A TV advertisement for European booking giant Coral has once again ran afoul of the Advertising Standards Authority (ASA) for overtly putting pressure on players to gamble, marking the tenth time in three years that its Gibraltar based subsidiary Coral Interactive has been hauled in front of the ASA.
The advertisement, which was first featured on 16 April 2017, featured several stylised clips of footballers playing football with a voice-over which stated: “The beautiful game you can watch it or you can get involved in it with the latest Coral action. So are you a spectator or are you a player? You decide. Coral. Get in on the action.”
Sources at the ASA have confirmed that two complainants alleged the ad was harmful and irresponsible because they believed the voice-over implied only gamblers were true ‘players’ and that gambling was better than watching the sport. This prompted the ASA to conduct a full investigation into the advertisement.
When challenged regarding these claims, Coral Interactive said they did not believe the ad was harmful or irresponsible in any way. They believed the voice-over was asking whether a viewer was interested in having a bet as well as watching the match.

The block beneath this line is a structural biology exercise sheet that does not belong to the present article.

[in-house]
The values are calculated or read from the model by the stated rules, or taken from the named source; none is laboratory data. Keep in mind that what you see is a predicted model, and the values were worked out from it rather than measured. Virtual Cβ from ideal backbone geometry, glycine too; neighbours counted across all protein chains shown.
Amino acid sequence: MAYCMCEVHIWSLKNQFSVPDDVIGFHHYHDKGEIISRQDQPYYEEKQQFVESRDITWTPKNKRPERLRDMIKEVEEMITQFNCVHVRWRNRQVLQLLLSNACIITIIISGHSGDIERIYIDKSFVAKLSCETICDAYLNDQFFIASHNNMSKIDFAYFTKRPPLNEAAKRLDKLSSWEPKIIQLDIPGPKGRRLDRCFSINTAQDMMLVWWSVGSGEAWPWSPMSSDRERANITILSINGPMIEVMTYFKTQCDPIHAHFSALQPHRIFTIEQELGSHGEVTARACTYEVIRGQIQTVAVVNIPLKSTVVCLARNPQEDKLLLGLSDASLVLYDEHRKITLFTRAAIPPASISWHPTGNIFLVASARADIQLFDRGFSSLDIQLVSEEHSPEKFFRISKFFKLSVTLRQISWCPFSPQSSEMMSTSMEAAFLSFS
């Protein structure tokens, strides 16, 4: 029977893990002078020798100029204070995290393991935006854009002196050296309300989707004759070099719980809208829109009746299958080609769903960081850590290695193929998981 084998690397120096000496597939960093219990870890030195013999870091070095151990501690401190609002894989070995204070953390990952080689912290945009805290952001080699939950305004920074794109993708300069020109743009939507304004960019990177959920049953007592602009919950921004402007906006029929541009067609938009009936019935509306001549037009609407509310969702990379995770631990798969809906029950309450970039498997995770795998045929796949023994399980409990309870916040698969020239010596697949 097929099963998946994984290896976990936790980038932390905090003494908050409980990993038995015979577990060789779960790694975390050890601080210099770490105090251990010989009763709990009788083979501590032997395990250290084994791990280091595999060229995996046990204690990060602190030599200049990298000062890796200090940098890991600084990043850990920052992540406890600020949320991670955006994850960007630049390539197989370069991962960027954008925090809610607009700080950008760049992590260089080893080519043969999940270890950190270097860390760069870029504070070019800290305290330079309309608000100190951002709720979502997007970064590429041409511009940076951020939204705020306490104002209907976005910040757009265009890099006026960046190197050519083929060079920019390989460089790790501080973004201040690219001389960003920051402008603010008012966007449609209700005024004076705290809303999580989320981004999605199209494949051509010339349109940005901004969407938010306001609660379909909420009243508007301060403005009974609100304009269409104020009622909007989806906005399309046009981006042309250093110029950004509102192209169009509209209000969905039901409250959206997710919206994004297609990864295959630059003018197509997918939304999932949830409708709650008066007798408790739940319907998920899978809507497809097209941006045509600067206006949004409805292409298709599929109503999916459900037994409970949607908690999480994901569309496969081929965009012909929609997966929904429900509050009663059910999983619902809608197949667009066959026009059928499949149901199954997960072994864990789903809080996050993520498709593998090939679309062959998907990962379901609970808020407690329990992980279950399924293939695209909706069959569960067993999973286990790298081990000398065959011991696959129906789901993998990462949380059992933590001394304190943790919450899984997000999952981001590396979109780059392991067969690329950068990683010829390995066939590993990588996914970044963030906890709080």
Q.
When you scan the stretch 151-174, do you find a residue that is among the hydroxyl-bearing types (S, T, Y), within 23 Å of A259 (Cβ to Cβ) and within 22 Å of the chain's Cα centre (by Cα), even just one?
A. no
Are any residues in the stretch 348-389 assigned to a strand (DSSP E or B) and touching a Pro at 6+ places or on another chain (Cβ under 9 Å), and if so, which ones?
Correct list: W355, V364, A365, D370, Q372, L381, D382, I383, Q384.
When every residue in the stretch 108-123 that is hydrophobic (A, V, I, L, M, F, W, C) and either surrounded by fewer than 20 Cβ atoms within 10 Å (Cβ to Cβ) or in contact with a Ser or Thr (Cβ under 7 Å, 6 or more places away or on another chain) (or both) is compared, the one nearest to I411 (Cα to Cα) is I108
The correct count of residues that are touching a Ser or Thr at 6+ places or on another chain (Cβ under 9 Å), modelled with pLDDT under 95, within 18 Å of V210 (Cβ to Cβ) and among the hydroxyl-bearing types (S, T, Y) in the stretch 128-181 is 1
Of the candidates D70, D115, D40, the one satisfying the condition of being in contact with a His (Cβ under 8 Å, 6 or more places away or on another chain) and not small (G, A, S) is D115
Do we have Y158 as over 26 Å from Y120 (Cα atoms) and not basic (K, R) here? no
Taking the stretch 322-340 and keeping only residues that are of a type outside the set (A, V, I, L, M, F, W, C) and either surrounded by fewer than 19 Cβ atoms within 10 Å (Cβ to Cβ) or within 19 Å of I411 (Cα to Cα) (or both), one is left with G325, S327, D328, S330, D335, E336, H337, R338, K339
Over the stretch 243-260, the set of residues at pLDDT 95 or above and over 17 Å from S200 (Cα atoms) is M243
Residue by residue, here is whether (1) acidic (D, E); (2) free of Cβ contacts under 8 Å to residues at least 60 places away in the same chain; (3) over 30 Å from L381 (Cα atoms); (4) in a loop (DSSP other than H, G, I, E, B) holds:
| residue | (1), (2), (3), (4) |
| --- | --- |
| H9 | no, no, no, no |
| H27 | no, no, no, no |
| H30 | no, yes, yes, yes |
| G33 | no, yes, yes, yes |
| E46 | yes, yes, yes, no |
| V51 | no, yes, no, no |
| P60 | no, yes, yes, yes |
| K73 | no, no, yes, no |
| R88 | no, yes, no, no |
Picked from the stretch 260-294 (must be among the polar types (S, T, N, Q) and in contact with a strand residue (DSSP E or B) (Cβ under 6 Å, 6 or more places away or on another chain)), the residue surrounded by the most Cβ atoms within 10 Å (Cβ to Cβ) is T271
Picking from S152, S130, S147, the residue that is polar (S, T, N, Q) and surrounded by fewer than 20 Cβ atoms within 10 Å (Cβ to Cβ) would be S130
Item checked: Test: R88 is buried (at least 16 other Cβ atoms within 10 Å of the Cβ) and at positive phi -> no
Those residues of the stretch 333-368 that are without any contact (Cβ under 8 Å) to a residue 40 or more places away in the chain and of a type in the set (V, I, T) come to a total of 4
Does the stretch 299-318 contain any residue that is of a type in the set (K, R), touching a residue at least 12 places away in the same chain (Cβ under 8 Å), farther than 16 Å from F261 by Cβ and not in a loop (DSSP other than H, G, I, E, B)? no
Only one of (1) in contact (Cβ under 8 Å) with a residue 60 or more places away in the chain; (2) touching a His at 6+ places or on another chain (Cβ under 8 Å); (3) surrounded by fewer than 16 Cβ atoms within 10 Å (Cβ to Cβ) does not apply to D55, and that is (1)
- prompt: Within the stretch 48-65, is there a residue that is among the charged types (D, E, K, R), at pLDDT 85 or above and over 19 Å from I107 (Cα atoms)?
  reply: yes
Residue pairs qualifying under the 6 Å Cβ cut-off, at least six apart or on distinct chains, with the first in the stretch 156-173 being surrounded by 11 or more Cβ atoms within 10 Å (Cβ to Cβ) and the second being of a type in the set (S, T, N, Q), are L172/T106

Coral Interactive said that they did not think that the tone of the voice-over was overtly pushy or aggressive in its promotion of the gambling element, claiming that it was a very straight and matter of fact read.
The company said that the key phrase used in the voice-over was “You decide” which in its opinion gave the viewer the option to make an informed choice. Coral felt that there was no pressure to place a bet or any implication that only gamblers were “true players”, and that gambling would thereby enhance a person’s personal image.
They said the phrase “Get in on the action” was a call to action following the featured bet for those interested in having a bet and this was not delivered in such a way that would imply a viewer would be a better person for taking part.
However, despite the company’s protestations, the ASA upheld the complaints and found that the overall tone of the ad implied that gambling was more exciting than being a spectator or playing the game. It also felt that too much emphasis was given to the term “player” in the voice-over which contributed to the overall impression that gambling would enhance personal image.
The ASA ruled that the advertisement breached broadcasting conduct codes 1.4 (Social Responsibility) and codes 17.3.6 and 17.3.5 (Gambling) respectively and have banned the advertisement from appearing again in its current form.